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Microsoft sidelines Longhorn database caper

NTFS reprieved

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Microsoft has scaled back its 'Big Bang', and its Future Storage initiative will build on, rather than supersede the NTFS file system, when the next version of Windows 'Longhorn' appears in 2005.

The news emerged from WinHEC last week as Paul Thurrot confirms in a round-up here.

"The oft-misunderstood Windows Future Storage (WinFS), which will include technology from the "Yukon" release of SQL Server, is not a file system," reports Thurrot. "Instead, WinFS is a service that runs on top of - and requires - NTFS."

There seems to be some confusion over at ComputerWorld, which maintains that "WinFS replaces the NTFS and FAT32 file systems used in current Windows versions," but we're inclined to back Paul on this one, as he supports his case with a direct quote.

"WinFS sits on top of NTFS. It sits on top of the file system. NTFS will be a requirement," says Microsoft's Mark Myers. (InfoWorld also refers to a WinFS as a "file system"). Myers is an 'OEM Manufacturing Program Manager' at Microsoft, whatever that means.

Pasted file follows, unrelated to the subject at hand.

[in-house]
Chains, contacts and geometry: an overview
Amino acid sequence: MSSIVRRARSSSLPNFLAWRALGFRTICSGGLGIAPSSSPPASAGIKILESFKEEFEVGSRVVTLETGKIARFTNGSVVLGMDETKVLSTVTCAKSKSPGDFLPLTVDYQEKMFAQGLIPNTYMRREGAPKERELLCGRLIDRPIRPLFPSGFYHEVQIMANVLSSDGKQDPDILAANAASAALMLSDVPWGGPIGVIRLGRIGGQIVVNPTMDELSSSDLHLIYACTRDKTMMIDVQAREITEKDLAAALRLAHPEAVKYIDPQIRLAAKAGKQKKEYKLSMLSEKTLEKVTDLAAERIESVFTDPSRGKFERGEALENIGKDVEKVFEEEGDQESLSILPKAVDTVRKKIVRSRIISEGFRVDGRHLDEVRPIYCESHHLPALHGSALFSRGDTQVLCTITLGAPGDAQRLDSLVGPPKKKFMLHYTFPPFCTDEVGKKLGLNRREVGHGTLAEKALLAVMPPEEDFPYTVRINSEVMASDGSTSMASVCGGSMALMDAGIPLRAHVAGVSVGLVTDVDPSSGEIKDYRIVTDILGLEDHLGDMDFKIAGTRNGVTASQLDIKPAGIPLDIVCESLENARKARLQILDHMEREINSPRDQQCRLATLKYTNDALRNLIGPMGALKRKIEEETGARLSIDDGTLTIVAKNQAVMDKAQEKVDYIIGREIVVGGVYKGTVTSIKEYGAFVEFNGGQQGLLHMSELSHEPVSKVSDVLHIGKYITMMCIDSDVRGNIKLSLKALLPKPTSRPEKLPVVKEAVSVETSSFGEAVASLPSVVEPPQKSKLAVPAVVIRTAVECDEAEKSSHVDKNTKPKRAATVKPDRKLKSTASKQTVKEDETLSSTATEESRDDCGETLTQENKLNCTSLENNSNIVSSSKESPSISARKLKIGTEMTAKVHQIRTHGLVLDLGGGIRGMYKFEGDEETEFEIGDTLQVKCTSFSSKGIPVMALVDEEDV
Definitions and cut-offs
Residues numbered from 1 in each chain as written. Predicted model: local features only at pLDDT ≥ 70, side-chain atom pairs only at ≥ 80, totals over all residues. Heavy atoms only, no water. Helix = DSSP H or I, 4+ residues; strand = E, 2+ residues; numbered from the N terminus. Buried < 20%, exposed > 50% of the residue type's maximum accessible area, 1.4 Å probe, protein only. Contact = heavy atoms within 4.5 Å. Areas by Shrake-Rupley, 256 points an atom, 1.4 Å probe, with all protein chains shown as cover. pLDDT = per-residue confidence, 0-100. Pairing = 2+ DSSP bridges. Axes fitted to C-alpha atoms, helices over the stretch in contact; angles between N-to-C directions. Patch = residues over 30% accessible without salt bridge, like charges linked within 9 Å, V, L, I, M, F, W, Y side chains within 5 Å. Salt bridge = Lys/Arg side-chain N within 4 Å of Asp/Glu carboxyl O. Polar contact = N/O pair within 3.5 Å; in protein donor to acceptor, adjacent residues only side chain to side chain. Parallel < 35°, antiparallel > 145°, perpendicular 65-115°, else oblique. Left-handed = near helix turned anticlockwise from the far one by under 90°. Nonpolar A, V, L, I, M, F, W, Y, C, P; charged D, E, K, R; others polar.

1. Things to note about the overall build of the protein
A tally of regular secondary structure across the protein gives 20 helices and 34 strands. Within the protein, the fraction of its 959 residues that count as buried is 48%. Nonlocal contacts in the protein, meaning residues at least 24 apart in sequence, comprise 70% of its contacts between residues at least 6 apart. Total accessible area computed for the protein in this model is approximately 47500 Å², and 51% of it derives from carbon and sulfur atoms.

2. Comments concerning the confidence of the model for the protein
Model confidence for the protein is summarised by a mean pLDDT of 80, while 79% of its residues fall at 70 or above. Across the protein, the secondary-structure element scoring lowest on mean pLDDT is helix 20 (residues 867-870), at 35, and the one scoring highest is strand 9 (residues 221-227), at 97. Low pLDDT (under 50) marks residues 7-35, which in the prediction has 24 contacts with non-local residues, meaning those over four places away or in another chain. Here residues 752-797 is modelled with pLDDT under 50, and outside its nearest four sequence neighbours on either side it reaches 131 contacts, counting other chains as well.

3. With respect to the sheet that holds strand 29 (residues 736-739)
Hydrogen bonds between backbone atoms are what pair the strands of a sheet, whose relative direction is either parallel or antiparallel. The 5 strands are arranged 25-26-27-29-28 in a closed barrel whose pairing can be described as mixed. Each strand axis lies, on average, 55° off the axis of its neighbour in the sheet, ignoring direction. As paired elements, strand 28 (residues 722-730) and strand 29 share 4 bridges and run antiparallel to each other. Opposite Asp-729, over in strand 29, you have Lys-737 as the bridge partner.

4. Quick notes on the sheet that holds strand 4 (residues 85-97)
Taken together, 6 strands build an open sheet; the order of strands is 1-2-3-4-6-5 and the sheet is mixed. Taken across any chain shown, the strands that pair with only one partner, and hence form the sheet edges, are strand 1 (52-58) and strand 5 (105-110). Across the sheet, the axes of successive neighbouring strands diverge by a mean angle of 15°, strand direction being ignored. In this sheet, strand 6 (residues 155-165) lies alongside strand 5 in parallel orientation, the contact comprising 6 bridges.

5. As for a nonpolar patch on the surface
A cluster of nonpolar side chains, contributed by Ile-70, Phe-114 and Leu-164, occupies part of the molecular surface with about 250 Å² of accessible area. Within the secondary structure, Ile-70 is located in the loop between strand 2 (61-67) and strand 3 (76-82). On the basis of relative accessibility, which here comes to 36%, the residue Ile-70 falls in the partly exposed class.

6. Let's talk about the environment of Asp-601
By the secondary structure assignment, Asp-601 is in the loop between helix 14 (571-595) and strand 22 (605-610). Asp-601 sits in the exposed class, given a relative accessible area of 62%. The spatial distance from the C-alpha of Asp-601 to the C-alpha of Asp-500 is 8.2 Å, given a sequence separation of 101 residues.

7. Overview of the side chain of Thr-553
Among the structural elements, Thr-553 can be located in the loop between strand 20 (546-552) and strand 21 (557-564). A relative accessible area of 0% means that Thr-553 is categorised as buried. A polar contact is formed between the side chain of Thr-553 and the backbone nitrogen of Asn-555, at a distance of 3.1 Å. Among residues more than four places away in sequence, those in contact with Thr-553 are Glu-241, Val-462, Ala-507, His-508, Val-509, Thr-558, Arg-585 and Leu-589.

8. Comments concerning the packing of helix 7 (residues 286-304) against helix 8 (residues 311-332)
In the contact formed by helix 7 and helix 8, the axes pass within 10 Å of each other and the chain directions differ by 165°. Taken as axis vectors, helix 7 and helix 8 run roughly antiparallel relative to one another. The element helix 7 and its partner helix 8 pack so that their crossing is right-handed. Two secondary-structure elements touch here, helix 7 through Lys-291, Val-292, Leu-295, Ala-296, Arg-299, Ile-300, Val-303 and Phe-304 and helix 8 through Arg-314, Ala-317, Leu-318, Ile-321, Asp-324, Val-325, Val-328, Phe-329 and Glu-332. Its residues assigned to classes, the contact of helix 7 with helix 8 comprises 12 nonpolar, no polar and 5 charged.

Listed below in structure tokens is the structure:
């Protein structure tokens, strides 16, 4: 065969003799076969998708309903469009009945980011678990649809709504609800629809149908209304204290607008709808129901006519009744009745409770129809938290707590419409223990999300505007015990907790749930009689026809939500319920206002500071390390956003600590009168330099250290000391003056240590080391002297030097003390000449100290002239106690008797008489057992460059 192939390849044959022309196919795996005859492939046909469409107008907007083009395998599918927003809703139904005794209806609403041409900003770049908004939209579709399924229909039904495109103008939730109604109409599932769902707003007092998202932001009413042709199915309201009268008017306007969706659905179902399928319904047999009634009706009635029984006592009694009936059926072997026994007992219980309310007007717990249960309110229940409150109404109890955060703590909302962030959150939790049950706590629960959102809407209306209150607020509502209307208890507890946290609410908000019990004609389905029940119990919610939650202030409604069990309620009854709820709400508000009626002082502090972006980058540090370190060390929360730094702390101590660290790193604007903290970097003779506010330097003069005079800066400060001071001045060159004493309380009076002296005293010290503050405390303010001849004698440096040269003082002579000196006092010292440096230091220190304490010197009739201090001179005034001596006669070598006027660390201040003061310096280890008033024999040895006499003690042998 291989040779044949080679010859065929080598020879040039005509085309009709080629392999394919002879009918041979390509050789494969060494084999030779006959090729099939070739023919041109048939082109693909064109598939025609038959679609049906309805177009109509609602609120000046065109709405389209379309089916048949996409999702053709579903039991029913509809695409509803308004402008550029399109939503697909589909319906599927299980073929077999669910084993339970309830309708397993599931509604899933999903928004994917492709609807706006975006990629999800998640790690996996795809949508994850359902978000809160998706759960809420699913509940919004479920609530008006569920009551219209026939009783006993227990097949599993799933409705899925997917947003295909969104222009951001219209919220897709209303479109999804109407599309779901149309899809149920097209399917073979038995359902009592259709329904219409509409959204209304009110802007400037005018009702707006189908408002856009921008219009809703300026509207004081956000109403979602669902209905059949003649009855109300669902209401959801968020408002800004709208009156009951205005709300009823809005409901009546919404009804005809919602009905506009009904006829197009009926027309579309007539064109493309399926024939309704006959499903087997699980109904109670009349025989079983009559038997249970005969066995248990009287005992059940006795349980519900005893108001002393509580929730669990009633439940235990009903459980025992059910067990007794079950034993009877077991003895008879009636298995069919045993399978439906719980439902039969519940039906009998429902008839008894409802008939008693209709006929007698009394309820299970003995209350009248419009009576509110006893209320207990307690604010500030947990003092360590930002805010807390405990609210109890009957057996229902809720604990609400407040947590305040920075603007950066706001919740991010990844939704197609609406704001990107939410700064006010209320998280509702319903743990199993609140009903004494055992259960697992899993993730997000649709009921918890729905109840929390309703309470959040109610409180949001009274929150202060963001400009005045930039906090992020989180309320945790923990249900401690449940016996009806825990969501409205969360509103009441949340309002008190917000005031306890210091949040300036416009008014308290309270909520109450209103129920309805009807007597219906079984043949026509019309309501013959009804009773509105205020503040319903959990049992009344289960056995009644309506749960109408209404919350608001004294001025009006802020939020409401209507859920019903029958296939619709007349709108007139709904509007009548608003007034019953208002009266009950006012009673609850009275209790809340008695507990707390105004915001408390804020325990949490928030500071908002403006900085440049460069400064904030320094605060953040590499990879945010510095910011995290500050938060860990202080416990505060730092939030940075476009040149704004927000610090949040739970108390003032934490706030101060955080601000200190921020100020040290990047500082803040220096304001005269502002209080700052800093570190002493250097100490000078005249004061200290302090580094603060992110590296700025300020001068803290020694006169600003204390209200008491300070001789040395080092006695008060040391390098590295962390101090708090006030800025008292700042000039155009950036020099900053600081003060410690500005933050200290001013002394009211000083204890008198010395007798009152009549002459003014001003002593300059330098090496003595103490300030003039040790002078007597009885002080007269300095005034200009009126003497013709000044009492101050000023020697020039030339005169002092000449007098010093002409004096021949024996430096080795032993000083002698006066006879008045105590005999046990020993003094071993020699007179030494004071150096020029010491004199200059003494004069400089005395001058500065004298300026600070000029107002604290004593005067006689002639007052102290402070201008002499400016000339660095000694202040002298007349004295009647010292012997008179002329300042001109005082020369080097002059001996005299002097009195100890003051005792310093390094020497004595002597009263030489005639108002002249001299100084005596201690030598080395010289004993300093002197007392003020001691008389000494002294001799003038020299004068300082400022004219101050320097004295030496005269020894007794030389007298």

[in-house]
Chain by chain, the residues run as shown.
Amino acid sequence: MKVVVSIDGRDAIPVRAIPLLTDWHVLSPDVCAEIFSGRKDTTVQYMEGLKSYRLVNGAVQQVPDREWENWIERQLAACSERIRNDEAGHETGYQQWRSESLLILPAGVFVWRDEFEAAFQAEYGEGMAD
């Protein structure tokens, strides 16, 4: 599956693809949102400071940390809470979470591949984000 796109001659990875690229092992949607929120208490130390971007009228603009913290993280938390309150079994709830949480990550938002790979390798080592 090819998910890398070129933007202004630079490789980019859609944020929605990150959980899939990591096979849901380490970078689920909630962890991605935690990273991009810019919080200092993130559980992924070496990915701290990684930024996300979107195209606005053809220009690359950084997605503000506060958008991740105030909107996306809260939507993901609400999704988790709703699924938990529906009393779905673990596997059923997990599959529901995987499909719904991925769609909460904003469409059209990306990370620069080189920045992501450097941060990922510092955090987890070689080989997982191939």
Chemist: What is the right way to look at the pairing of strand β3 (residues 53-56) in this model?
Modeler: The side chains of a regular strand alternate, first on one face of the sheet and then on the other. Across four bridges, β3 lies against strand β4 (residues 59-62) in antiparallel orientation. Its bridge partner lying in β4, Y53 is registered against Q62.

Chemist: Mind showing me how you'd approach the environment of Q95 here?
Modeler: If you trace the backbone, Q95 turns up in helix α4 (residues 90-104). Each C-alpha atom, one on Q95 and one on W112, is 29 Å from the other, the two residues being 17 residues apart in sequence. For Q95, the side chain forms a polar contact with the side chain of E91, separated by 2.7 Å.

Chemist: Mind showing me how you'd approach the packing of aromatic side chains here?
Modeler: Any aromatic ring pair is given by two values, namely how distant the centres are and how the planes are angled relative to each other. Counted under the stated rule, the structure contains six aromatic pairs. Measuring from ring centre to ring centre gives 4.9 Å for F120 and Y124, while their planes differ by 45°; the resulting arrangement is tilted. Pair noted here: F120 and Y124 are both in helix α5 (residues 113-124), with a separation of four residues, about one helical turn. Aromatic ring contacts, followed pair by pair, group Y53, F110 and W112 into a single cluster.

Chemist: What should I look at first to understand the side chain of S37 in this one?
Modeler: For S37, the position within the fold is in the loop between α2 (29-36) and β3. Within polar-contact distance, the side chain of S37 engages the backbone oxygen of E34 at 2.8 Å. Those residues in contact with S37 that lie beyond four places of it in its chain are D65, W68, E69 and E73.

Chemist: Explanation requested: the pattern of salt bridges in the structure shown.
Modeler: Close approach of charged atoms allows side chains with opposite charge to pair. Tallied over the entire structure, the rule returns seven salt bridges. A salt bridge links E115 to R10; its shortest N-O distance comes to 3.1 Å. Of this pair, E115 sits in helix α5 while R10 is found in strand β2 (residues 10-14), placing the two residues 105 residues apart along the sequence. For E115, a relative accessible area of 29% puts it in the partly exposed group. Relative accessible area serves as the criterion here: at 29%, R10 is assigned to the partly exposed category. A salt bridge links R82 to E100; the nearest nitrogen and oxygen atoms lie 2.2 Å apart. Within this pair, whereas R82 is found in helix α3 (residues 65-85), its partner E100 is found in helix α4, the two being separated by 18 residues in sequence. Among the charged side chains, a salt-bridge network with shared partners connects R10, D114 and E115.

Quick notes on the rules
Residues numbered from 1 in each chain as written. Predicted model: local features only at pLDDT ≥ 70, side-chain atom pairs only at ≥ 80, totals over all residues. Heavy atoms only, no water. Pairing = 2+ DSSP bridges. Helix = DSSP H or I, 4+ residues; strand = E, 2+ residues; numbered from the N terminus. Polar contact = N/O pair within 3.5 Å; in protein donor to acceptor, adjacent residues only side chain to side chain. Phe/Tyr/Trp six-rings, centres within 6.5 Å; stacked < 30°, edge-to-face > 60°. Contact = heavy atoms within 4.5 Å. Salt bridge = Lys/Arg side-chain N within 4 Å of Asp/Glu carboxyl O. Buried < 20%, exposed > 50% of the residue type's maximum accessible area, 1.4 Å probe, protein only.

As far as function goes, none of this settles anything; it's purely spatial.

This much is clear: technology will be'borrowed' from Yukon, the next version of Microsoft's SQL Server, but the core will be a NTFS, not a new native raw format which only the local copy of SQL Server can read.

As first revealed here almost two years ago (when the next version of Windows was codenamed Blackcomb), "SQL Server itself becomes the base storage engine, and NTFS becomes an API-compatible driver into the store."

With so much planned for Longhorn, replacing a debugged and mature file system may have proved too radical. At least for now. Microsoft can portray this as a stepping stone to a raw native database, and as the BeOS experience proved, you don't have to have a database at the core of the system to provide database-like functionality.

Microsoft has the same goal as before, but is opting for an evolutionary rather a revolutionary route.

Also planned for Longhorn is a new graphics engine that throws much of the work onto the graphics card, much like Apple's Quartz Extreme [926kb PDF], or Stardock's WindowFX [vendor]. The new Longhorn GUI is called Aero (surely it's just an elemental coincidence that Apple's is called Aqua) and will require a graphics card with 128MB of memory.

Longhorn will drop support for FAT and FAT32 file systems.

Thurrot identifies WinFS as a service - but how long will it take for the world+dog to note that the 'FS' in WinFS does not stand for 'file system'? ®

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